Location of Repository

Estimating the Wage Elasticity of Labour Supply to a Firm: What Evidence Is There for Monopsony?

By Alison L. Booth and Pamela Katic

Abstract

In this paper we estimate the elasticity of the labour supply to a firm, using data from the Household, Income and Labour Dynamics in Australia (HILDA) Survey. Estimation of this elasticity is of particular interest not only in its own right but also because of its relevance to the debate about the competitiveness of labour markets. The essence of monopsonistically competitive labour markets is that labour supply to a firm is imperfectly elastic with respect to the wage rate. The intuition is that, where workers have heterogeneous preferences or face mobility costs, firms can offer lower wages without immediately losing their workforce. This is in contrast to the perfectly competitive extreme, in which the elasticity is infinite. Therefore a simple test of whether labour markets are perfectly or imperfectly competitive involves estimating the elasticity of the labour supply to a firm. We find that the Australian wage elasticity of labour supply to a firm is around 0.71, only slightly smaller than the figure of 0.75 reported by Manning (2003) for the UK. These estimates are so far from the perfectly competitive assumption of an infinite elasticity that it would be difficult to make a case that labour markets are perfectly competitive.monopsony, imperfect competition, separation, labour supply elasticity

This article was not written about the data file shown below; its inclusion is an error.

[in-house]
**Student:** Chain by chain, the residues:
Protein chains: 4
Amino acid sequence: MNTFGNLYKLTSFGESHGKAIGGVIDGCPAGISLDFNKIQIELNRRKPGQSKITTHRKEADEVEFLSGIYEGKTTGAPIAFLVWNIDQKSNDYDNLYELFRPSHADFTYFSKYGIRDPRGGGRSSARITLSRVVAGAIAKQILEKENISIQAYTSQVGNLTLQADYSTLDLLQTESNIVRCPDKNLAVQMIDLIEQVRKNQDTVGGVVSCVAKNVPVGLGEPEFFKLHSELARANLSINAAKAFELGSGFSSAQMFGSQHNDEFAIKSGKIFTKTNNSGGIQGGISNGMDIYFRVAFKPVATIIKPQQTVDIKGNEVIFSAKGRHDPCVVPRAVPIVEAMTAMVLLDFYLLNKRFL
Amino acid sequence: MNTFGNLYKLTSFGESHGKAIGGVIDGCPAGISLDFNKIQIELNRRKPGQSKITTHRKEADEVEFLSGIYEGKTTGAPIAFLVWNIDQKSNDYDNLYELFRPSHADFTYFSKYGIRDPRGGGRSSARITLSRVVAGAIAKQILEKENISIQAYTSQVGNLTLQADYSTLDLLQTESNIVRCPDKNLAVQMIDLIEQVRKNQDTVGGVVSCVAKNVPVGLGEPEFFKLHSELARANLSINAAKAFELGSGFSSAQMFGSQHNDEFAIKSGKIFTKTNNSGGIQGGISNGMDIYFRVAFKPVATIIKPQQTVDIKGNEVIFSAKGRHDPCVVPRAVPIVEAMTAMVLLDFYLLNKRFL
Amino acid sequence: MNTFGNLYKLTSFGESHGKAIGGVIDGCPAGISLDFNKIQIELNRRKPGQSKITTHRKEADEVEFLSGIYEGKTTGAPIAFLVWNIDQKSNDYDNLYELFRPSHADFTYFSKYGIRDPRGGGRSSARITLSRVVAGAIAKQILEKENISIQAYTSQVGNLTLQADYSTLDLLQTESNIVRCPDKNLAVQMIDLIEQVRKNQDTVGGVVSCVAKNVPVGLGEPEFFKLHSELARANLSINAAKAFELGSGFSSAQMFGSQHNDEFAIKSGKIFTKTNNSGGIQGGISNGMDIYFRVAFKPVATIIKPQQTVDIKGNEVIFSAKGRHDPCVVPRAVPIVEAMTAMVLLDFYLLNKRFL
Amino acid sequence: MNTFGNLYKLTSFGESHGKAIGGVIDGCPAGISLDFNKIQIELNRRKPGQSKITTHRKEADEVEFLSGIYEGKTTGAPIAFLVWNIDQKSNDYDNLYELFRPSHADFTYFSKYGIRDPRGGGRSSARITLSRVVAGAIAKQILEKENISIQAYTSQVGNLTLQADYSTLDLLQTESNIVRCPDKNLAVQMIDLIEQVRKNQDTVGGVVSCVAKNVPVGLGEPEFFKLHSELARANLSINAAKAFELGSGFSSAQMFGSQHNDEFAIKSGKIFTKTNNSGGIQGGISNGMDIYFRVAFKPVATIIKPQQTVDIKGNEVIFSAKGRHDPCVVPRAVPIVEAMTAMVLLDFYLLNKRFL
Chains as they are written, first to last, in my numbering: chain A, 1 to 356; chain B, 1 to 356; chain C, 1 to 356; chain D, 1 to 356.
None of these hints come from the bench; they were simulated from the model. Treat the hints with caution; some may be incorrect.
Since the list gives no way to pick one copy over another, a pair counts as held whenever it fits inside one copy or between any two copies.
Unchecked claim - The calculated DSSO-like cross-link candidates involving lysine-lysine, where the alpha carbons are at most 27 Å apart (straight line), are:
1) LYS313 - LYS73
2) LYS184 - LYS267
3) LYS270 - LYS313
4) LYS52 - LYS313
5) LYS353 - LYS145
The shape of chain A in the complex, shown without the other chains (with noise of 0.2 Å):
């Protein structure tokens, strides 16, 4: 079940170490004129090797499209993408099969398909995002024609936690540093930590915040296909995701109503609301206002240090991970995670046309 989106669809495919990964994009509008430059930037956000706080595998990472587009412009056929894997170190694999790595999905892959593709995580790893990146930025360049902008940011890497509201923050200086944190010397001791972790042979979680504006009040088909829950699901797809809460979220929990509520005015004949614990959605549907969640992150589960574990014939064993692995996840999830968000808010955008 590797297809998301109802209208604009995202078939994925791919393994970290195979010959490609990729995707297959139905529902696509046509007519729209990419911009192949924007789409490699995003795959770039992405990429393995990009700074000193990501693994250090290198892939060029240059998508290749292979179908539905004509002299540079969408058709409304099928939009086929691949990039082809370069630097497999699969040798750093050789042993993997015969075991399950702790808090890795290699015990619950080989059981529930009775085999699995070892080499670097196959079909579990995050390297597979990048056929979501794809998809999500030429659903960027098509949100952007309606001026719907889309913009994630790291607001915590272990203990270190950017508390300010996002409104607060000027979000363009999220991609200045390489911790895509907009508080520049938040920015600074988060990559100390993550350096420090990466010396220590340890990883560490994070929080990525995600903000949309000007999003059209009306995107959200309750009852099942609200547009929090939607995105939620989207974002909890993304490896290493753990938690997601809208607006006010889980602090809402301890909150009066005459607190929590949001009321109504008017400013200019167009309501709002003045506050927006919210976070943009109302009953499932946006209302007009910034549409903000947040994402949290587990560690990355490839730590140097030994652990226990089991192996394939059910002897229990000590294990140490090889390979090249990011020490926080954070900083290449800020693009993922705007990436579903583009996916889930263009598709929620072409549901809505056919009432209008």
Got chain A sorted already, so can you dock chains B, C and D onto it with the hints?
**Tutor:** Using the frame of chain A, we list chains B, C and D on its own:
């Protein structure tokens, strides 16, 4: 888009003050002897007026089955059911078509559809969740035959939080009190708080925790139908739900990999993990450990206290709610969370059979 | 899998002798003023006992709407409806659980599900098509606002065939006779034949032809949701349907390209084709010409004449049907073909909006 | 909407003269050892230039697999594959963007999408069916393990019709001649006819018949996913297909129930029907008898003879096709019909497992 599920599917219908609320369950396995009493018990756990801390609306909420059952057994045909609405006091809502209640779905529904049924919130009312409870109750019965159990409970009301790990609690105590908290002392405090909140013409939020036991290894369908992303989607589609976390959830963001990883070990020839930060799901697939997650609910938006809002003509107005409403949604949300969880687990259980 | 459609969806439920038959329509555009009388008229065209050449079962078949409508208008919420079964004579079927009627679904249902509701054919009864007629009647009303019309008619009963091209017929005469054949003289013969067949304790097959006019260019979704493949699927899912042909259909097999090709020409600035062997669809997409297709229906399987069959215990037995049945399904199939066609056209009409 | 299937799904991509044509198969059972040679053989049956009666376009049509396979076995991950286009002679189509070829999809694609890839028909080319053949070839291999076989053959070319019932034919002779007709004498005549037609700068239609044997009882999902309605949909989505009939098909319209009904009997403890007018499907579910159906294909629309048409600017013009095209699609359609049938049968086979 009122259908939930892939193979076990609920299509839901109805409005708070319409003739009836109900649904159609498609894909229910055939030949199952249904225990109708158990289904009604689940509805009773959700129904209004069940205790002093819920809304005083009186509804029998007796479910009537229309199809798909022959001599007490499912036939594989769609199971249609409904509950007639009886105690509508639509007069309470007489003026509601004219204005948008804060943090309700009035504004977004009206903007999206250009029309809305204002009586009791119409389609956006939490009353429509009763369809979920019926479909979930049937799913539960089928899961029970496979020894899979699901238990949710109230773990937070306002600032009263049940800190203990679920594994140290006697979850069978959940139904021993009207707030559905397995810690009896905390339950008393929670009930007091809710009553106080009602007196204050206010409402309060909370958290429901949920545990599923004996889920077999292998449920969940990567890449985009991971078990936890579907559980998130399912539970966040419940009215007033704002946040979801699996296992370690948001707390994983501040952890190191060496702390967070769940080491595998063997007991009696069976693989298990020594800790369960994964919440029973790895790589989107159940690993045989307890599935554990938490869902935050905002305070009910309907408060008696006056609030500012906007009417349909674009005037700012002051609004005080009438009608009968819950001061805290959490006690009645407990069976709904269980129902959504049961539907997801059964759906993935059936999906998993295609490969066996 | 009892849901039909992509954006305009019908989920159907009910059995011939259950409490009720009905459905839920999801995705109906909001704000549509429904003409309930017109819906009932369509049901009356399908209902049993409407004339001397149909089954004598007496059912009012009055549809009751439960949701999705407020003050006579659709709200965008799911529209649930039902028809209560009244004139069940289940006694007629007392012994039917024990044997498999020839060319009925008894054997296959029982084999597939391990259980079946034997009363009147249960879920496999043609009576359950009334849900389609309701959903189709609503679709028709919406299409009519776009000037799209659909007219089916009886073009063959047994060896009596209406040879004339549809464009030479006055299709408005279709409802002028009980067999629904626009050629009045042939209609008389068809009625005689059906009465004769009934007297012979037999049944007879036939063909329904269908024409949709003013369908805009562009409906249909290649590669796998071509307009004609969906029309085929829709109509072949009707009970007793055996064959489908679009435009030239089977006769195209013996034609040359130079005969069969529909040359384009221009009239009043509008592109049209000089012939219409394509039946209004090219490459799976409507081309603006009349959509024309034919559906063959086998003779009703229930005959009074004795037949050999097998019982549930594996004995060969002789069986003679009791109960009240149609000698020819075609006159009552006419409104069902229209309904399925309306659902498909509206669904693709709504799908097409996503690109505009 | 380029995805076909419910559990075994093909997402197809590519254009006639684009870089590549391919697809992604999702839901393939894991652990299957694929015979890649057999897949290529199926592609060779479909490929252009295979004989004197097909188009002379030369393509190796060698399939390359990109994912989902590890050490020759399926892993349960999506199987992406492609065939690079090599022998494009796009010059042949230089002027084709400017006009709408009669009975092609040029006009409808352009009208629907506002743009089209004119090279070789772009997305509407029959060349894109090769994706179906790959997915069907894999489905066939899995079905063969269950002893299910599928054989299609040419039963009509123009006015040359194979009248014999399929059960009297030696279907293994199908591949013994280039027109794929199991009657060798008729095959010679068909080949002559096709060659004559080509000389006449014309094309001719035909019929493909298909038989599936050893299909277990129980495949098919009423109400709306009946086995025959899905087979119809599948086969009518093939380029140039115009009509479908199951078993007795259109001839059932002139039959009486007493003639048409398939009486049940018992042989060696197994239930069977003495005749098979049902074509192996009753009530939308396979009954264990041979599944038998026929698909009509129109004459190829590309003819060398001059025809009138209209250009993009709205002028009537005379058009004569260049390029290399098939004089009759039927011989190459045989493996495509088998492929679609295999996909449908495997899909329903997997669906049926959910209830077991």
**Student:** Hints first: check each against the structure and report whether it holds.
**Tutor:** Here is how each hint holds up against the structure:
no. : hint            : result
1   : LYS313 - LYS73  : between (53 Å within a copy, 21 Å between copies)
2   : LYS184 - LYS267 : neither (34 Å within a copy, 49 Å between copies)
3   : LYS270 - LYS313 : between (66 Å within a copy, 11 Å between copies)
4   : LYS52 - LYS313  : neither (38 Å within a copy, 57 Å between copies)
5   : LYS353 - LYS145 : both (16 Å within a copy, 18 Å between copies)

OAI identifier:

Suggested articles

Preview

Citations

  1. (1984). An Equilibrium Model of Search Unemployment.
  2. (1999). Minimum Wages for Ronald McDonald Monopsonies:
  3. (2009). Monopsonistic Discrimination, Worker Turnover, and the Gender Wage Gap’.
  4. (2003). Monopsony in Motion: Imperfect Competition in Labor Markets.
  5. (2002). Oligopsony and Monopsonistic Competition in Labor Markets',
  6. (2005). Sex Differences in Pay in a 'New Monopsony' Model of the Labor Market’.
  7. Testing Some Predictions of Human Capital Theory: New Training Evidence from
  8. (2007). The HILDA Survey and its Contribution to Economic and Social Research (So Far)’.
  9. (1998). Wage Differentials, Employer Size,

To submit an update or takedown request for this paper, please submit an Update/Correction/Removal Request.